With widespread adoption of composites, the need for faster, cheaper and more robust processing methods become critical for high-volume, low-cost production scenarios. Cost and sustainability concerns are driving manufacturers to reduce the amount of raw materials, waste, energy and consumables associated with processing. Recycling technologies, including pyrolysis and solvolysis, are being developed to reclaim expensive fibers from scrap and end-of-life parts. Raw materials (fiber, resin, core) are currently expensive, have highly variable processing requirements and can exhibit final performance properties that are highly dependent on the processing conditions. Companies and the U.S. government recognize the need for rapid, low-cost carbon fiber production, which was identified as one of the most important action items in the 2015 survey. Two-thirds of respondents cited the need for new resins to reduce processing time and lower per-part cost.

The need for shorter process cycle times and lower labor costs is driving industry toward automation. As a result, automation is expected to grow in all composite manufacturing sectors over the next 15 years, with high penetration especially in automotive and aerospace.

Despite increased market demand and opportunities for advanced composites, significant challenges exist in the U.S. for replacing traditional engineering metal alloys with composites. The following four primary challenges were identified in the 2015 survey in order of importance:

  • Reduce cycle time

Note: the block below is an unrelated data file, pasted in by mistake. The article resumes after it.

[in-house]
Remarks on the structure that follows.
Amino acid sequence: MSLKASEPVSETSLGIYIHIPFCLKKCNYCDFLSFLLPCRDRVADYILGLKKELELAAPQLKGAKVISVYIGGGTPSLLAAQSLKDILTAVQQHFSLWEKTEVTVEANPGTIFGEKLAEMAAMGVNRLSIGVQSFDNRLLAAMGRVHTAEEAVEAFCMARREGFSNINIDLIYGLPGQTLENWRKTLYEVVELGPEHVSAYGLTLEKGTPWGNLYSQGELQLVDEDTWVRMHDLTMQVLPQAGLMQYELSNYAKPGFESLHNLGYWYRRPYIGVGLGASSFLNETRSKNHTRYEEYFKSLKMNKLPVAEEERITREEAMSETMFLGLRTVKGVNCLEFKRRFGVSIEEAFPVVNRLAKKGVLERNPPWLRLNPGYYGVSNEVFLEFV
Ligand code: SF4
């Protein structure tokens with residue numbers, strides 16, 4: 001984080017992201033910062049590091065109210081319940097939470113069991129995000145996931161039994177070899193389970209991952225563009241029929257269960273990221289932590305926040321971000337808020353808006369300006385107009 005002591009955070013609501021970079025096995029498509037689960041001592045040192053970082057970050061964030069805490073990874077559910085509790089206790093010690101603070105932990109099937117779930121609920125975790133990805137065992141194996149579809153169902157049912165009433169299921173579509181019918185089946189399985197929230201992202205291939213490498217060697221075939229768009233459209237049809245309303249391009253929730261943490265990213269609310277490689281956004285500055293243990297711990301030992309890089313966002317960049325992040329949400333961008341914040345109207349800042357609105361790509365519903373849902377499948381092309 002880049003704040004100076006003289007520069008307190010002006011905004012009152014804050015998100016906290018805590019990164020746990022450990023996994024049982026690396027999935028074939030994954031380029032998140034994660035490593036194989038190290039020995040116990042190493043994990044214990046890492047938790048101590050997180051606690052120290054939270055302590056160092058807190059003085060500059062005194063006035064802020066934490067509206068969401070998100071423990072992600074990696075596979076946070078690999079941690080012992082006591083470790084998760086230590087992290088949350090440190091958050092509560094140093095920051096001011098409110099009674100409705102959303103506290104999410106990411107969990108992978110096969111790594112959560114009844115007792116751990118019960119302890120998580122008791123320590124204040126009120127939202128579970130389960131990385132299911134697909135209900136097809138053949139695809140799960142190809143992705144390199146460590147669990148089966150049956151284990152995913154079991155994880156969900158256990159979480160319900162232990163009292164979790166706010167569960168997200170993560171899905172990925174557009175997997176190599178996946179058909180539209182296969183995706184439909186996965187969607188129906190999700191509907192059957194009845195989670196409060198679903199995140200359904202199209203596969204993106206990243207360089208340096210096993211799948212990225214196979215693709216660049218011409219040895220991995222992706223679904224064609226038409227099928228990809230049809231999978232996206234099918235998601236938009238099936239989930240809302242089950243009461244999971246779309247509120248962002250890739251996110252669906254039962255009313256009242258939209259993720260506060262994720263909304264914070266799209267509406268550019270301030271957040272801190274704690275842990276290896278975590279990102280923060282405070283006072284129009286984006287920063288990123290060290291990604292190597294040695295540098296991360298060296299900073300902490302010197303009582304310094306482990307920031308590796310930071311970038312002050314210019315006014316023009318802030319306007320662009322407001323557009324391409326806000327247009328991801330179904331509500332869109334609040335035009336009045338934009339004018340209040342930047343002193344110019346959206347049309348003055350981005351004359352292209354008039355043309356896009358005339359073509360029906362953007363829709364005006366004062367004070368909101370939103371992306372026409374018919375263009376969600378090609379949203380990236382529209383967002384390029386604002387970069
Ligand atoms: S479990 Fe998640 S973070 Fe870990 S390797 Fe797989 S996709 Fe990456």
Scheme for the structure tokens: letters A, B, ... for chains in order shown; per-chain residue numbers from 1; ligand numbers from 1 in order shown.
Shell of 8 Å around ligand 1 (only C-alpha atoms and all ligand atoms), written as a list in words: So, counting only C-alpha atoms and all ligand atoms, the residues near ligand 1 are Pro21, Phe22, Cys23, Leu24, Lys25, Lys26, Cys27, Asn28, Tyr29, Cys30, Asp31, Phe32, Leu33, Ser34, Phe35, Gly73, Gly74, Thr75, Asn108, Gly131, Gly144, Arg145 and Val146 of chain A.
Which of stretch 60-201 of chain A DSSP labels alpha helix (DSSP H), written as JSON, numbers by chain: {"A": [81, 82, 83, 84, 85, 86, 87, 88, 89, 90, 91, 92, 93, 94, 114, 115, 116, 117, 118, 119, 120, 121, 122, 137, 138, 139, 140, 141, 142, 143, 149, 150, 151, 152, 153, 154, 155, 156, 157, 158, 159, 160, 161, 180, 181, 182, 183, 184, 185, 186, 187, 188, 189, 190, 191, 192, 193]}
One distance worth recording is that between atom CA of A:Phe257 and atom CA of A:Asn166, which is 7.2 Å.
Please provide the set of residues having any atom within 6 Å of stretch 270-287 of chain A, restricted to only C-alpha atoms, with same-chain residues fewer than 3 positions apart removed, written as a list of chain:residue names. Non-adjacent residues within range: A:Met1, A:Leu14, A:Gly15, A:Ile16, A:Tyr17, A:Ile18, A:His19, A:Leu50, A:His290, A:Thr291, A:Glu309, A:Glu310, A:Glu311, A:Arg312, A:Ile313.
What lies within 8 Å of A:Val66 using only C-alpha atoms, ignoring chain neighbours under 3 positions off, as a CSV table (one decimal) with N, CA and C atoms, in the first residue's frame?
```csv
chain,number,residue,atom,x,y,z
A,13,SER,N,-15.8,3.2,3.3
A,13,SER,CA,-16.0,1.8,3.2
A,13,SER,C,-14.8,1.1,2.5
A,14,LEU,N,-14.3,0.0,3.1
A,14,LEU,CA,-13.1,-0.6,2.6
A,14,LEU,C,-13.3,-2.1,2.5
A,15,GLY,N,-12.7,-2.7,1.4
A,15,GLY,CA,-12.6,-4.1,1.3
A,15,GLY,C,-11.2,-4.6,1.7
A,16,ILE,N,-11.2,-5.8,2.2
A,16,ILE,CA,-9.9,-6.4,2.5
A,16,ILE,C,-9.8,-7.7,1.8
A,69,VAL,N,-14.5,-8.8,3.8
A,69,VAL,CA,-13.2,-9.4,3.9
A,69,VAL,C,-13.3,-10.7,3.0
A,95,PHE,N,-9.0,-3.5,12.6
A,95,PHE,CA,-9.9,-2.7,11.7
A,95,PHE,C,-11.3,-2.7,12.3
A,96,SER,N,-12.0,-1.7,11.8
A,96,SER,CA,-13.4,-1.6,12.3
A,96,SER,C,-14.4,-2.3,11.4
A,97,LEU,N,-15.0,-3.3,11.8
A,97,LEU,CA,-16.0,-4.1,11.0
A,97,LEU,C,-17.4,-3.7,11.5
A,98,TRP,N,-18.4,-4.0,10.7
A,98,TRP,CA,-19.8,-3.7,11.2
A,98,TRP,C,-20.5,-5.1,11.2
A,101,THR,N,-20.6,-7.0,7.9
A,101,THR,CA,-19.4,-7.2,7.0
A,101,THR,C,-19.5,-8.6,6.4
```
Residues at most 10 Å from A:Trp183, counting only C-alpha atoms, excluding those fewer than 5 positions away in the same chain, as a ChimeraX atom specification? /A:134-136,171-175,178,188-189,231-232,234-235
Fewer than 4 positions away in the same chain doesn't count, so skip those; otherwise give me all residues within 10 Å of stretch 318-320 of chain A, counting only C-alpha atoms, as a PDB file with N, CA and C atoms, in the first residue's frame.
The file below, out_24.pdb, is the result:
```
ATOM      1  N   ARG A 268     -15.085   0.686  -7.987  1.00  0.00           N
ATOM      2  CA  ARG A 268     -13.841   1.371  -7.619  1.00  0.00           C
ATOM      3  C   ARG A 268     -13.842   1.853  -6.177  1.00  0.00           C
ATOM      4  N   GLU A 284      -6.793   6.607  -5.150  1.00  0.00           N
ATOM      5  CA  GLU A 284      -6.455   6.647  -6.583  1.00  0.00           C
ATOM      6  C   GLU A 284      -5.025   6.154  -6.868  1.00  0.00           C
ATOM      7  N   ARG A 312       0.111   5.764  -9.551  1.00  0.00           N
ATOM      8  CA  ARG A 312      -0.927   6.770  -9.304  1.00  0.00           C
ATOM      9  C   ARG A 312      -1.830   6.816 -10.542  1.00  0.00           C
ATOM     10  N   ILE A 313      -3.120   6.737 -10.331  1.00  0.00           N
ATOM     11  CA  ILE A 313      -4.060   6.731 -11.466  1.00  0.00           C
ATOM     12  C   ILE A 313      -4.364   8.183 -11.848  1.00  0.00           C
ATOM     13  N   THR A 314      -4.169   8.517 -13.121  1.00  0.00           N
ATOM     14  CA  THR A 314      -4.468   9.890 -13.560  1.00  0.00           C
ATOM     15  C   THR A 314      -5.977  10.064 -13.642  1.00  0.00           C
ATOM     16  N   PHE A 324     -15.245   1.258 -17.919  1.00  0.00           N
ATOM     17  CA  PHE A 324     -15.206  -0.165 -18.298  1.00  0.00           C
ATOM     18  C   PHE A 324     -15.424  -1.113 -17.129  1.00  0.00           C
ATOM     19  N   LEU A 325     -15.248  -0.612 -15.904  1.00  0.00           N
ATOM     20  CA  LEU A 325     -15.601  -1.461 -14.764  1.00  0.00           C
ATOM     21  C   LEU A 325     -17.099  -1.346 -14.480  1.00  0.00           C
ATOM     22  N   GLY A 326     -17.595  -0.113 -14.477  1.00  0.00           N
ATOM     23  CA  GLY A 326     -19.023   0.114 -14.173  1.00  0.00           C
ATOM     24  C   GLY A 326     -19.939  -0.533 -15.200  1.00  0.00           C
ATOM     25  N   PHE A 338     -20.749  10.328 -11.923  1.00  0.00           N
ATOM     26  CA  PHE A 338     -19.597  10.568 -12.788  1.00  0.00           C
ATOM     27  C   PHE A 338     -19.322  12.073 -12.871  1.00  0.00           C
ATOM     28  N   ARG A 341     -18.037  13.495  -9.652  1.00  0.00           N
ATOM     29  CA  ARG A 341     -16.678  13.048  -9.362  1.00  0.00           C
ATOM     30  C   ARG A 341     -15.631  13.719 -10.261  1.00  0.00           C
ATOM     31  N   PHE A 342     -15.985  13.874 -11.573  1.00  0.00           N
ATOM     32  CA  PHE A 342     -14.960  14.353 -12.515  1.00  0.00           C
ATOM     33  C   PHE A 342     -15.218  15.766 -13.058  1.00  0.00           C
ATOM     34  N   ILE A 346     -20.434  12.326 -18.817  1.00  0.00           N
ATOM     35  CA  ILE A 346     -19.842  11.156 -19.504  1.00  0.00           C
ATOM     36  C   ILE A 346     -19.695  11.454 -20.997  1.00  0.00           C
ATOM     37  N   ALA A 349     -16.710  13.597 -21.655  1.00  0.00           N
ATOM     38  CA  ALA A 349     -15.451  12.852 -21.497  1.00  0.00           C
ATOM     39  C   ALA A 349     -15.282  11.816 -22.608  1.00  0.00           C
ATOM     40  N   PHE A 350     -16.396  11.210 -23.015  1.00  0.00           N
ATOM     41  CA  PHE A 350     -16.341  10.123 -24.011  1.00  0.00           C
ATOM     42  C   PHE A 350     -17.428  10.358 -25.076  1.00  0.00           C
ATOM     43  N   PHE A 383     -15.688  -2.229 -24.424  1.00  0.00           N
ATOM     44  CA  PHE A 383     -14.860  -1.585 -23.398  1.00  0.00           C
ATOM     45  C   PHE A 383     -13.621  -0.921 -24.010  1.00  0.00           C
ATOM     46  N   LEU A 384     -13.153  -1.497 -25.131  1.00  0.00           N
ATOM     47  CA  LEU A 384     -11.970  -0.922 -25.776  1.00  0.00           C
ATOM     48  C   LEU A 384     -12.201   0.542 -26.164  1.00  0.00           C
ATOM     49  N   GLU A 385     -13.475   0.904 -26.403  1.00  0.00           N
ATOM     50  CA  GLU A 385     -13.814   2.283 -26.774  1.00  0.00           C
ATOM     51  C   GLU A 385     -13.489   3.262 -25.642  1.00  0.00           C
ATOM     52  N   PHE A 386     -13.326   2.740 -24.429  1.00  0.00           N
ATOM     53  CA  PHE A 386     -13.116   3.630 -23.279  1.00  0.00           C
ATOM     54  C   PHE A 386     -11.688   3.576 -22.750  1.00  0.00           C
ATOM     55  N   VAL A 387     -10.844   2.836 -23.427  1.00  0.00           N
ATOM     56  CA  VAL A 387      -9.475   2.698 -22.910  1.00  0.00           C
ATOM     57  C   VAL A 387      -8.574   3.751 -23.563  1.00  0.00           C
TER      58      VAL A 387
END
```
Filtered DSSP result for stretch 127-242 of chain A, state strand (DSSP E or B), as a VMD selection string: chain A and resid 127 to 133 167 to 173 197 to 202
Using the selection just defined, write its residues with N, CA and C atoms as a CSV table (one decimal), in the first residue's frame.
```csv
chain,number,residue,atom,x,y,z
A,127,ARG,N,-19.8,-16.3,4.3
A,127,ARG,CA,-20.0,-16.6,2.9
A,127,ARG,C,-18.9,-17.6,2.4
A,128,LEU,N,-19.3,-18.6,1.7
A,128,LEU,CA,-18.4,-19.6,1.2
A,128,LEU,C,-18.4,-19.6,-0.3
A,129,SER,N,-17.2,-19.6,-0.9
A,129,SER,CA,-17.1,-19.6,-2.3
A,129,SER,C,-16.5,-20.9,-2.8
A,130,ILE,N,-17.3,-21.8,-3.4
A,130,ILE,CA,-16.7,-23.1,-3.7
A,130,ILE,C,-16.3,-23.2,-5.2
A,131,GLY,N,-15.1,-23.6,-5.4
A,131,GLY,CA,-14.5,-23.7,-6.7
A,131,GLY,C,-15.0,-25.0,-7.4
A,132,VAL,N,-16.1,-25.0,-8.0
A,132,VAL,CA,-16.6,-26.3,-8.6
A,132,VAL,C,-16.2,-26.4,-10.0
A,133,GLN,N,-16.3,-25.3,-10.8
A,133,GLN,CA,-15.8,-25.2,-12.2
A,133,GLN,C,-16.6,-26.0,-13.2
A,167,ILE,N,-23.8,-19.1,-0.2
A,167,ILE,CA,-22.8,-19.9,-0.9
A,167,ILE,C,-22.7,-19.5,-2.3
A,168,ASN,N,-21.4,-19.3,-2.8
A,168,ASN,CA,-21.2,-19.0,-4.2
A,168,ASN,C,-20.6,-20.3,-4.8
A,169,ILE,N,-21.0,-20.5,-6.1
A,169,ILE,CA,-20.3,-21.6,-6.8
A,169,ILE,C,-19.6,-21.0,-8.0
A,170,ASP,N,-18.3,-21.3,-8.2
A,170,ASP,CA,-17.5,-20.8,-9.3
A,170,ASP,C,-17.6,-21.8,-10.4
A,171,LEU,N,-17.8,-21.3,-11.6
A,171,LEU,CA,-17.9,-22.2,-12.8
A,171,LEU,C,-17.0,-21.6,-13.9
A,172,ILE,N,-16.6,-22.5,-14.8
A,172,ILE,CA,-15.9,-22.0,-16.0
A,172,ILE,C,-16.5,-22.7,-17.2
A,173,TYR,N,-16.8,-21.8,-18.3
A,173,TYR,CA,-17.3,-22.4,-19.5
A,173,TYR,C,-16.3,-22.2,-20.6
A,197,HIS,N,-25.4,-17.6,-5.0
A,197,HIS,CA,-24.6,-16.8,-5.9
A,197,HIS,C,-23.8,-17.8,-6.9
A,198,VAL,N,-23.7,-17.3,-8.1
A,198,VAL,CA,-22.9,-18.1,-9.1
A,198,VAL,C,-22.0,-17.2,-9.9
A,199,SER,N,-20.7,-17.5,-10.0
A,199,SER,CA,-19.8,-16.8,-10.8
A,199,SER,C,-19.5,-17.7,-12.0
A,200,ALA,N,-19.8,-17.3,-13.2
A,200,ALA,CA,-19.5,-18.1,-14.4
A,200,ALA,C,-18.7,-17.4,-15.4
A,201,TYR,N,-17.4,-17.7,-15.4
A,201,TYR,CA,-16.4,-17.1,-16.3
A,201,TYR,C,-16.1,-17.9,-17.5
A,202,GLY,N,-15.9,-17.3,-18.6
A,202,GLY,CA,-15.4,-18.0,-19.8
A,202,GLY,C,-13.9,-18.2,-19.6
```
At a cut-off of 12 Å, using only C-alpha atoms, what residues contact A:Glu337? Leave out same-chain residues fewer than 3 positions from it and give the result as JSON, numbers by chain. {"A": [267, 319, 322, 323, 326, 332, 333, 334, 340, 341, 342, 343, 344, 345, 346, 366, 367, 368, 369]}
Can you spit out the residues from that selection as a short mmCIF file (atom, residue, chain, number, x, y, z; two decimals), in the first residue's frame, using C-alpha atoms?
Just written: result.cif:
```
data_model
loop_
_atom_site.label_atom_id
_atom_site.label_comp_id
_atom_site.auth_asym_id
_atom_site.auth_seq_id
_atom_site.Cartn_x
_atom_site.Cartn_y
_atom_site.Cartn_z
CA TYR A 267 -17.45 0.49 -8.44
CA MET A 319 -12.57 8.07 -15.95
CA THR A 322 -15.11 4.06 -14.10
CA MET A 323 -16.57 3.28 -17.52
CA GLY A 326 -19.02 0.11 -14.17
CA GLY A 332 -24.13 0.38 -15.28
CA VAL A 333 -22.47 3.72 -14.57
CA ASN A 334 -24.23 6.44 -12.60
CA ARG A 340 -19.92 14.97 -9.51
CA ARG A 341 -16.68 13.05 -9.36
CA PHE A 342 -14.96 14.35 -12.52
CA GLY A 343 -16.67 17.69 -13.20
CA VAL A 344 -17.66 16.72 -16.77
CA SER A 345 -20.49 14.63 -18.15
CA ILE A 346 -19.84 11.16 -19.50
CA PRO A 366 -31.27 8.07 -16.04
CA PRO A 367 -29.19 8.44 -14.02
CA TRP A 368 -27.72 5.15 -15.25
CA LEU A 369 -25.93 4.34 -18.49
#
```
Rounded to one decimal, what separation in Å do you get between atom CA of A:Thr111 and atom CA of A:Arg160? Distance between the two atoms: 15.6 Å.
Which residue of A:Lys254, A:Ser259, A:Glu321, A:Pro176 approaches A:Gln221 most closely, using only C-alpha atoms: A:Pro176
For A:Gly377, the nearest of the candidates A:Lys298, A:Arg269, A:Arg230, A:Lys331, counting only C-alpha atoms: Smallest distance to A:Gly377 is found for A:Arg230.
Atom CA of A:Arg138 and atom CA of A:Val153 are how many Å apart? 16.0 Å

• Reduce material/part variability
  • Mitigate waste
  • Expand the workforce that is trained in the design of composite structures and the design of associated manufacturing processes for those structures – especially for complex part geometries

Nondestructive evaluation methods, including ultrasonic imaging and acoustic emissions need to be widely used as a means of quality control during manufacturing. A common concern by many small- and medium-sized enterprises (SMEs) visited by the FIBERS team was that capital equipment, engineering, energy and material costs are too high. Unlike some industries that recognize the benefits of research collaboration, such as the semiconductor industry, fears about intellectual property protection are forcing many companies to duplicate research and development or use outdated processes and approaches. Smaller firms are also faced with limited to no access to new equipment and analysis capabilities, thereby limiting their ability to explore and justify the cost of new-process adoption.

Research investments devoted to cost reduction and increased productivity are priorities for development of new processing methods. Industry, academia, government agencies and non-profit associations should collaborate on the following:

  • Development of low-cost carbon fiber manufacturing processes to accelerate non-aerospace applications
  • Development and implementation of robust predictive modeling, non-destructive evaluation and smart automation capabilities
  • Development of methods to mitigate or eliminate part defects, followed by implementation of more process control and reduction of incoming raw material variation from the supply chain
  • Demonstration of technologies necessary in automation and robotics, process sensing, monitoring and control, and process simulation
  • Adoption of lean manufacturing principles

The federal government should:

  • Increase funding to train both engineers and technicians in composites manufacturing
  • Provide long-term support for R&D activities to assist the U.S. composites manufacturing industry to be on par with foreign competitors – especially in the European Union, where government support for composites is very high
  • Share Department of Defense knowledge in composites manufacturing automation with U.S. industry
  • Set up regional technology centers with process and simulation capabilities and technical support services for use by SMEs

Without significant movement on these items, many industry applications will struggle to adopt composites into their design. Collaboration among industry, academia and the government are critical for successful development and implementation of game-changing processes in the U.S. composites industry.